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To what extent was Hitler a weak dictator?

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Introduction

To what extent was Hitler a weak dictator? For many reasons Hitler could be described as weak dictator because he failed to control all aspects of the NSDAP effectively largely down to his lazy attitude. This is a view put forward by the structuralist school of thought. However, there is also evidence from intentionalist school of thought that all the major decisions came about from Hitler's decision, such as the outbreak of war in 1939, the Night of the Long Knives in 1934 and the final solution in 1941. Therefore, Hitler could be seen as a very strong and effective dictator. Therefore, both sides of the argument have to be analysed to discover the strength of his dictatorship. In the Nazi state, Hitler made all laws. His power was unlimited and was granted the position of Fuehrer for life. He was the Commander-In-Chief of the armed forces, leader of the Government and Head of State. This was known as "Fuehrer power." The Hitler myth was created by Goebbels and Hitler was seen as political genius who had been destined to be great since birth. ...read more.

Middle

Albert Speer, who redesigned much of Berlin in the Nazi regime described how "adjutants often asked me: 'please don't show any plans today'", depicting this latest view of Hitler. This "idleness" gives an insight into why the Nazi government was so disorganised. Decisions throughout the party were all attributed to the "will of the fuehrer and were made by Nazi officials following Hitler around and picking up on his rambling. At every level of the party there was rivalry for power and many were doing the same job as each other. Even at the very top of the hierarchy the four main Nazi's behind Hitler - Goering, Goebbels, Roehm and Himmler had an intense rivalry for power each trying to out do each other to increase their power. An example of this is Himmler and Goering plotting to remove Ernst Roehm from power leading up to the Night of the Long Knives, by complying a file claiming Roehm was be paid by the French to remove Hitler. Another example is that Goebbels inspired Krystalnacht. However, despite this heated competition, Hitler managed to hold the party together adding weight to the intentionalist claim that Hitler was a strong dictator, although ...read more.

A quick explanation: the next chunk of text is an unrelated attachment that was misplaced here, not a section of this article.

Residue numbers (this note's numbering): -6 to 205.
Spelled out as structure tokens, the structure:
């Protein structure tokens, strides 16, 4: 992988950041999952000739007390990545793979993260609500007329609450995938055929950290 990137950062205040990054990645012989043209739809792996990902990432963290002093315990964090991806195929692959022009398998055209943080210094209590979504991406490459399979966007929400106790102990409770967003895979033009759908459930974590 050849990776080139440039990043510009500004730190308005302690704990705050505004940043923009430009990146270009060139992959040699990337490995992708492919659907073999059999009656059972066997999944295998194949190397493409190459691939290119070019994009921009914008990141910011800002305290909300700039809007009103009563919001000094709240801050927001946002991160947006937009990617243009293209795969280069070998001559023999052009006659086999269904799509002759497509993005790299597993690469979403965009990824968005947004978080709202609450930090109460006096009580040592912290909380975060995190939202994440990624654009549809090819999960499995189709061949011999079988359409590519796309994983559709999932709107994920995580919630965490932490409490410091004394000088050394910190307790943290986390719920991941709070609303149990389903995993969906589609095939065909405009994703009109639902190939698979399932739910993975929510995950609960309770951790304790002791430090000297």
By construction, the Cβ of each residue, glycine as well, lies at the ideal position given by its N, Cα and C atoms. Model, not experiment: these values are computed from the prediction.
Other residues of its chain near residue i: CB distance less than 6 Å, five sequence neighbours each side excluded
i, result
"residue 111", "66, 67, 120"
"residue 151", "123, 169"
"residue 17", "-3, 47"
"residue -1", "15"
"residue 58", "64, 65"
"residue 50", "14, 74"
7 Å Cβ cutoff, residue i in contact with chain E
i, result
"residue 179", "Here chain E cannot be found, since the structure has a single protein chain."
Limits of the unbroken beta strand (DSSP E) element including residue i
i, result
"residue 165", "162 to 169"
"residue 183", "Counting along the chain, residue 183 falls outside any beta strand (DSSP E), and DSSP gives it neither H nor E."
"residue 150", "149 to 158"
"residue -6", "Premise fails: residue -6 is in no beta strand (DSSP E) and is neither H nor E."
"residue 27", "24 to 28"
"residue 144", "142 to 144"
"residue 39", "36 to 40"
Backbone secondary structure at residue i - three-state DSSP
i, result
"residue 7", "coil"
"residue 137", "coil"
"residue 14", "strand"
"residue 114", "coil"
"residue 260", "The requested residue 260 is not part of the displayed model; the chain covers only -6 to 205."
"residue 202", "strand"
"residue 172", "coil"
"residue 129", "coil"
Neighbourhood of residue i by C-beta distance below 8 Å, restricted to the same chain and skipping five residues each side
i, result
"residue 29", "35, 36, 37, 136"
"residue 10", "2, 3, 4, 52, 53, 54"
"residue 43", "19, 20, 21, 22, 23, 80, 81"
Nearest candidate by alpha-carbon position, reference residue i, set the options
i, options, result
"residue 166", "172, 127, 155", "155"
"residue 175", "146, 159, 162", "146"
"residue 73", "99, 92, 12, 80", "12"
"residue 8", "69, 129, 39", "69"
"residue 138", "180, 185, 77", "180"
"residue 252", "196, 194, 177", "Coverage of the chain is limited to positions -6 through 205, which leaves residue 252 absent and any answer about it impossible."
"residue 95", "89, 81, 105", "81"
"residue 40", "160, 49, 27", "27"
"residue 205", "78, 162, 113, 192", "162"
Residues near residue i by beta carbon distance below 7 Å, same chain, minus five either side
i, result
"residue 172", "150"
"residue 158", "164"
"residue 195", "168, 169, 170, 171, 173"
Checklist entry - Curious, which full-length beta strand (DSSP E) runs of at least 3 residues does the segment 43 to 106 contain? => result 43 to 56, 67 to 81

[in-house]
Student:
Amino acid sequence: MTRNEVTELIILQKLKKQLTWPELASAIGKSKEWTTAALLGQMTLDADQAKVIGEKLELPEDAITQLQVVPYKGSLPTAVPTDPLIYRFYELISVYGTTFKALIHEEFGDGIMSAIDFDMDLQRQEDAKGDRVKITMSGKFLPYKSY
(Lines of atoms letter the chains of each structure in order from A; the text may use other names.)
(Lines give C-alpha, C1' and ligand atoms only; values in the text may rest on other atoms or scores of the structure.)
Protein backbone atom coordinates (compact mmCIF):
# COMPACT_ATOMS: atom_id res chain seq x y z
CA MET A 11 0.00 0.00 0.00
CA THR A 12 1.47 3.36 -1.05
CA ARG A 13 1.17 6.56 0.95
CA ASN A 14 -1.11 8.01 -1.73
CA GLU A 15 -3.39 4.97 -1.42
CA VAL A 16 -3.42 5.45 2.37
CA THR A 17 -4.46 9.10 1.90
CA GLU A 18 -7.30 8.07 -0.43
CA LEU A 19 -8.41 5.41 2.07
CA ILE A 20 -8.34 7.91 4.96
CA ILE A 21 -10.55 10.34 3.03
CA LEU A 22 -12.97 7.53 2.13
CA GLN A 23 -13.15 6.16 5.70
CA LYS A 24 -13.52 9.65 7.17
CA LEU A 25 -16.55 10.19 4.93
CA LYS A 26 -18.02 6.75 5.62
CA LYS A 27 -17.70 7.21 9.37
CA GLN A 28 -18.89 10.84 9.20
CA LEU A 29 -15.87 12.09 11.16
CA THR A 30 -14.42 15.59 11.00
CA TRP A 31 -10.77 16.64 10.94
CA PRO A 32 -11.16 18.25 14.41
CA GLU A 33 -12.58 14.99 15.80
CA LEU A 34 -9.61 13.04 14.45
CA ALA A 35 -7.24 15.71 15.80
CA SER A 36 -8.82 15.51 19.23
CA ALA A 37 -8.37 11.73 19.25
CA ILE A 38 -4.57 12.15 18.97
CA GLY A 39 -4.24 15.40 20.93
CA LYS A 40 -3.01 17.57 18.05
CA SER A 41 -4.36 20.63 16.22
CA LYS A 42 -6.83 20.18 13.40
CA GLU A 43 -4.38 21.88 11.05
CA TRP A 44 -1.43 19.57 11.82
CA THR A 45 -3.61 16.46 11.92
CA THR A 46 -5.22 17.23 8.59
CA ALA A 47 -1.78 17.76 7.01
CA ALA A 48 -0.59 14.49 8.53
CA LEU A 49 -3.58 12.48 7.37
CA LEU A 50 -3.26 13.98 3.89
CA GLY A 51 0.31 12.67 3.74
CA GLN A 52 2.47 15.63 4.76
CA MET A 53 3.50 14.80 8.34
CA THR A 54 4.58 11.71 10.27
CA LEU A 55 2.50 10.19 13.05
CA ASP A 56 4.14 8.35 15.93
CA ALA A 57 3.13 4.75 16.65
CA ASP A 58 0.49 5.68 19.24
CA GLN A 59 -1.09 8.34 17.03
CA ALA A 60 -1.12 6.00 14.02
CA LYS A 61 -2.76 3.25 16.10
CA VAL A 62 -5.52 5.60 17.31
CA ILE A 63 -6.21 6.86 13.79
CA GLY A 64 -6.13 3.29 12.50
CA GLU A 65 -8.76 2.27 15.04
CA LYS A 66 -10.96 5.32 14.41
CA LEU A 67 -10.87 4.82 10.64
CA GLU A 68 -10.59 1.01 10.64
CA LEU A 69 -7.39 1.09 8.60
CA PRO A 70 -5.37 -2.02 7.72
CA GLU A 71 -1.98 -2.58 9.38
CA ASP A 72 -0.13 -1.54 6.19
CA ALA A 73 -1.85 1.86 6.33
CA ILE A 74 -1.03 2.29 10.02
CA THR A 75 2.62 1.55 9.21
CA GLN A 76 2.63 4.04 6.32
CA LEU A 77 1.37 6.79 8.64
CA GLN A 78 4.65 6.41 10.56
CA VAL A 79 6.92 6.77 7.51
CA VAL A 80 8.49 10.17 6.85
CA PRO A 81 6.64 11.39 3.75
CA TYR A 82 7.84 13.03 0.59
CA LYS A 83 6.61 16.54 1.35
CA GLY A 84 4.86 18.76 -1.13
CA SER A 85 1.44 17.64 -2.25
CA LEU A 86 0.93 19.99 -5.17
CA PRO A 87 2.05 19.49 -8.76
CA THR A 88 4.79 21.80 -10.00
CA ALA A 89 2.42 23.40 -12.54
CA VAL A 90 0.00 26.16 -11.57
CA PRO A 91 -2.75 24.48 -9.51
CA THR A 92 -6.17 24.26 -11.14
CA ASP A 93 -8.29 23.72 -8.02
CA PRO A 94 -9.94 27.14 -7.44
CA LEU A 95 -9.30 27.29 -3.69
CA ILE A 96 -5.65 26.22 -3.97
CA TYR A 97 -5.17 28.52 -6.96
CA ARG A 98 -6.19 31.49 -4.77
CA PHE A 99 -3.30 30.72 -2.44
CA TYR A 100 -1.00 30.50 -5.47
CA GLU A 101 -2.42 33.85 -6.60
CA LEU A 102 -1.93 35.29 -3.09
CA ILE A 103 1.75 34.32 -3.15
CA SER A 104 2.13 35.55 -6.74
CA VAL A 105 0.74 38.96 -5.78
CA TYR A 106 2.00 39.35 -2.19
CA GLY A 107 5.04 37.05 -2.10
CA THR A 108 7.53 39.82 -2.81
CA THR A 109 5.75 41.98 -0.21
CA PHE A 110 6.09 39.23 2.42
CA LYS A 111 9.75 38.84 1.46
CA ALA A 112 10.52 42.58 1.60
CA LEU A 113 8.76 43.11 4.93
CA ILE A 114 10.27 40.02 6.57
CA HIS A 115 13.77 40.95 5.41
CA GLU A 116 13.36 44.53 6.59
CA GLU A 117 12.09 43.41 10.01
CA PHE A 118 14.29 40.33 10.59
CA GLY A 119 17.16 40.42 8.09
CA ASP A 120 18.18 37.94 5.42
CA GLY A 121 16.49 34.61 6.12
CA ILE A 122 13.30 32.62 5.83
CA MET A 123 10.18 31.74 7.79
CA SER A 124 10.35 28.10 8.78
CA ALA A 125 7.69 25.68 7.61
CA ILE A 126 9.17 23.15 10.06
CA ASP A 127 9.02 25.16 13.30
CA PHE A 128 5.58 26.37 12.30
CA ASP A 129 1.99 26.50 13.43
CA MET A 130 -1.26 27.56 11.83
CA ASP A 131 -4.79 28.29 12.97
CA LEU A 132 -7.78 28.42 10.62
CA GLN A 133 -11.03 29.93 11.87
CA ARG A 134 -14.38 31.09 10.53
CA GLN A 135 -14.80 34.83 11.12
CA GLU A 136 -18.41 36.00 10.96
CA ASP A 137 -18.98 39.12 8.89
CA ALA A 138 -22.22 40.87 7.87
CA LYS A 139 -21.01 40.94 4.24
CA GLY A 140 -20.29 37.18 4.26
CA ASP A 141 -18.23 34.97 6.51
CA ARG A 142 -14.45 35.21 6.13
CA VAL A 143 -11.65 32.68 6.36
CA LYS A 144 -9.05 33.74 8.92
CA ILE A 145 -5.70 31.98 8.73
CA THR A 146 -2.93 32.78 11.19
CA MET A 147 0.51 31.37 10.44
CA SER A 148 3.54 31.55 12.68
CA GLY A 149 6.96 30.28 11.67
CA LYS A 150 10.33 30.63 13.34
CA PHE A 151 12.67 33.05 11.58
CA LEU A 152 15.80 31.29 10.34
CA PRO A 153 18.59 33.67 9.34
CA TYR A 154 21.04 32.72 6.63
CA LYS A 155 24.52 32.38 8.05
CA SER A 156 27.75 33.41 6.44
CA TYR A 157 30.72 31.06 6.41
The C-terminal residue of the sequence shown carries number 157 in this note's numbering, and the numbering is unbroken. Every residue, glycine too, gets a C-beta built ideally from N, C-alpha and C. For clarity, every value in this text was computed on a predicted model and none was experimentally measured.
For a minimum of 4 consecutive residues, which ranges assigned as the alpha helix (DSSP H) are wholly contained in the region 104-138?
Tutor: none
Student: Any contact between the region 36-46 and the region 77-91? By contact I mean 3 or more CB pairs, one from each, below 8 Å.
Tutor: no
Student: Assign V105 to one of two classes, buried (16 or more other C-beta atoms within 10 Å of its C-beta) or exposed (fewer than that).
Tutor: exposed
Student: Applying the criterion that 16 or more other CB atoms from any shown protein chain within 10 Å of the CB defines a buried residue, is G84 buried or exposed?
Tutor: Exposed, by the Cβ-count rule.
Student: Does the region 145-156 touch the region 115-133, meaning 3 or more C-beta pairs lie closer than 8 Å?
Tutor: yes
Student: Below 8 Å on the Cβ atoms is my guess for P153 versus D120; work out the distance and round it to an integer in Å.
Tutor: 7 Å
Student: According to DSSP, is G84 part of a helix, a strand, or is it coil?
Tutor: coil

Conclusion

Various sources suggest that Hitler was in fact reluctant to act. The intentionalist view of Hitler could also be challenged. Structuralists believe the Third Reich was largely down to a nationalist movement. Therefore, it can be seen why German intentionalists would be willing to blame all the atrocities of the war on a dead leader, claiming they had to obey, absolving all blame from themselves. In the early years of the Nazi party, Hitler can be seen as a strong dictator who played a vital part in their rise to power. However, as time progressed he can be seen as indolent and heavily reliable on his inner circle of Nazis. Power seemed to rest with the individuals who chased personal power for example Himmler, who elevated himself up the party hierarchy. There are various examples of Hitler being inspired on particular products, but many sources describe that this enthusiasm was rare and for the majority of the time Hitler was very idle and the inner circle of Nazis did the work of the party. Evidence suggests that from the mid 1930s onwards, Hitler was merely a figurehead for propaganda as he was worshiped by the public and although he had unlimited power, he rarely used it. Nick Clarke - 1 - ...read more.

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